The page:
The Talking Cure
It’s not easy being a teen these days. Young people between the ages of 16-18 experience the highest rate of violence in the country quickly followed by 12-16 year olds. Beyond the heightened risk of violence and violation, young people in underserved communities daily combat inadequate schools, municipal neglect, increased exposure to drugs, gangs, domestic abuse, increased incidents of teenage pregnancy, parental neglect and they often coexist antagonistically with authority figures, particularly local police (http://www.ojp.usdoj.gov/bjs/,Bourgois, 2003). And young people of color are particularly likely to experience violence—which includes murder, rape, sexual assault, robbery, and abuse.
Not surprising, when these young people start to make media, they create pieces that often reflect trauma and disclose personal traumatic narratives. These complex revelations may make a practitioner, who, not trained as a psychologist or social worker, feel unprepared to appropriately respond to and cope with the personal stories of young people. Fortunately, youth media practitioners do not have to act as junior psychotherapists. By simply giving young people a safe space to explore and make sense of what has or is continuing to happen to them, practitioners can help provide a powerful healing component to the process of making media and finding meaning.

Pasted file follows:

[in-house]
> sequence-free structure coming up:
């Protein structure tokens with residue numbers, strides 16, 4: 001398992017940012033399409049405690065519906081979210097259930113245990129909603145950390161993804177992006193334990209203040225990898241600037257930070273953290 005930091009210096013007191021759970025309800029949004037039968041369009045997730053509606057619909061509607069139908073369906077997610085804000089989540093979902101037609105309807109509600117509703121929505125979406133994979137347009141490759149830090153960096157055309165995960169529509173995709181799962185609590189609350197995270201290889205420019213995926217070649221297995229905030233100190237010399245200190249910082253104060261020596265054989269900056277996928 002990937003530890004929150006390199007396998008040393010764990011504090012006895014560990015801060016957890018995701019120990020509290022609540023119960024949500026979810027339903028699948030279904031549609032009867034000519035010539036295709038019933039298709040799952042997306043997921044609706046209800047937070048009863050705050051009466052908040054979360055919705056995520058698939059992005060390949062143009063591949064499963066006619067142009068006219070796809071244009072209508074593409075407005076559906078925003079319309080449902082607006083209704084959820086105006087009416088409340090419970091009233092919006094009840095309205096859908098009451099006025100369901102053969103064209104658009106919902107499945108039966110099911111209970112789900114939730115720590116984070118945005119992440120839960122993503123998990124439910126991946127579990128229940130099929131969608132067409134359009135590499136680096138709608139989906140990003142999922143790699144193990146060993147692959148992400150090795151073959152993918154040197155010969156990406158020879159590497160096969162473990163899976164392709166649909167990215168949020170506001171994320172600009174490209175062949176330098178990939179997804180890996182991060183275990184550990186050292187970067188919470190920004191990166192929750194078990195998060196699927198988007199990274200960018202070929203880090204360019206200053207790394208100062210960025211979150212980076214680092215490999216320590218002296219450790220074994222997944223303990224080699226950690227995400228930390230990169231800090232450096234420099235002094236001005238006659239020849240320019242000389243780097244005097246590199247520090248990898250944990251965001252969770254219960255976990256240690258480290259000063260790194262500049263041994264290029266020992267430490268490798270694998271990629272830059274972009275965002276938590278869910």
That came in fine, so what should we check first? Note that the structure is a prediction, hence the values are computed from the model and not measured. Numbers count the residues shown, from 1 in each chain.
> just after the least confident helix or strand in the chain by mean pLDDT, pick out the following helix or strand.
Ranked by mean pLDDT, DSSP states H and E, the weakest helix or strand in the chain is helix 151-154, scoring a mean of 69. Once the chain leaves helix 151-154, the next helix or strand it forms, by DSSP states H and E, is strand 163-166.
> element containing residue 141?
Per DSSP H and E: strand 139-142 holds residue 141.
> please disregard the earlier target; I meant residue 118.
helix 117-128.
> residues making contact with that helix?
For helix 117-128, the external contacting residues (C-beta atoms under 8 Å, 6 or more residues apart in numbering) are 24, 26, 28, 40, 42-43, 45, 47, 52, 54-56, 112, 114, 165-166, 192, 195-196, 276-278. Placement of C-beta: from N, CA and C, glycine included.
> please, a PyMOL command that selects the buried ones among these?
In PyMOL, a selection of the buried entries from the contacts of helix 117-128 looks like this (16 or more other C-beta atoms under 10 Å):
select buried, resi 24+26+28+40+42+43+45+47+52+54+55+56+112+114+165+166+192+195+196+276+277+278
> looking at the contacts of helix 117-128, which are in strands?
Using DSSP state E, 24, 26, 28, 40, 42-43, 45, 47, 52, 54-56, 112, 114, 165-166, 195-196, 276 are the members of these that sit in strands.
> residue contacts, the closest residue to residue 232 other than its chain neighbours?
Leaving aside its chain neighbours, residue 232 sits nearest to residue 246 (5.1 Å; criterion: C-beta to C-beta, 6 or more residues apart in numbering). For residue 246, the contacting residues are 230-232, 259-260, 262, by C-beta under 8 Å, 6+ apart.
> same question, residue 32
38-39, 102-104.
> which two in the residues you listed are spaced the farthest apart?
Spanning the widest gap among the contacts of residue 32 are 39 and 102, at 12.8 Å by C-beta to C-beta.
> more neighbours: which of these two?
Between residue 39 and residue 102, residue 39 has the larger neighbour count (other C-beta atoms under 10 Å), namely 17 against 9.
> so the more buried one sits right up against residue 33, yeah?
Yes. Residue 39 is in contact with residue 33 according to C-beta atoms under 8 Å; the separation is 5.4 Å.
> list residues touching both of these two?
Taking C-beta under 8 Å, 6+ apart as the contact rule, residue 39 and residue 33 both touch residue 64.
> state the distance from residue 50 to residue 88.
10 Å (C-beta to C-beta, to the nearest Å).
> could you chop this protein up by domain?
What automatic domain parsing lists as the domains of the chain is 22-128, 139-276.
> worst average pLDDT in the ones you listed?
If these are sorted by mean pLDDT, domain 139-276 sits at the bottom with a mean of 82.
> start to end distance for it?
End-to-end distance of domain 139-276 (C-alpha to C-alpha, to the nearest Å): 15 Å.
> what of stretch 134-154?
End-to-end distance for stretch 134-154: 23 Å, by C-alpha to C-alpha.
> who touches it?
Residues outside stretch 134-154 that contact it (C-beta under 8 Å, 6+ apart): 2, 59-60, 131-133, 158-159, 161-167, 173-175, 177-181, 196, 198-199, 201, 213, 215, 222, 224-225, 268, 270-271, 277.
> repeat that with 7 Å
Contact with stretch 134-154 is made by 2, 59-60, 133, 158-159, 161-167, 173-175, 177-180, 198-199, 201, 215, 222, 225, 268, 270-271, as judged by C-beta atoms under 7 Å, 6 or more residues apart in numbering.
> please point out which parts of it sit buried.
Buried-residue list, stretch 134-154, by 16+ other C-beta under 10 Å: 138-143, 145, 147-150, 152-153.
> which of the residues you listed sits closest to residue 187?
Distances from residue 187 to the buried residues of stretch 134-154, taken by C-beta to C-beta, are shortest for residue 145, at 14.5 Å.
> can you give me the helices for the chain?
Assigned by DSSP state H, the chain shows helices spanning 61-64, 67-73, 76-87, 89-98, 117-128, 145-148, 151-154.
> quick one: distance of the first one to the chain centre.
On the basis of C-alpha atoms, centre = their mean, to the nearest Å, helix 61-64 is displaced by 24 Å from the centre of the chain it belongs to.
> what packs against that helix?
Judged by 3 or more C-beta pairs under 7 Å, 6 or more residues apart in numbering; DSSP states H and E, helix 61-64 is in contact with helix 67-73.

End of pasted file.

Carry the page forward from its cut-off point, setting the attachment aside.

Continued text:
The Dynamics of Disclosure
Everyday we talk to communicate, share, and even, process emotions. Talking about personal incidents has been shown to bring about both physical and psychological benefits, which suggest that we may be innately compelled to disclose deeply personal incidents in our lives—particularly the more traumatic and emotionally charged the information (Harber, Cohen, 2004). Emotional disclosure is often followed by self-reports of relief, a sense of closure, and a greater understanding of the incident relayed and also corresponds with immune function (Pennebaker & Beall, 1986, Pennebaker & Susman, 1988, Pennebaker, Kiecolt-Glaser, & Glaser, 1988).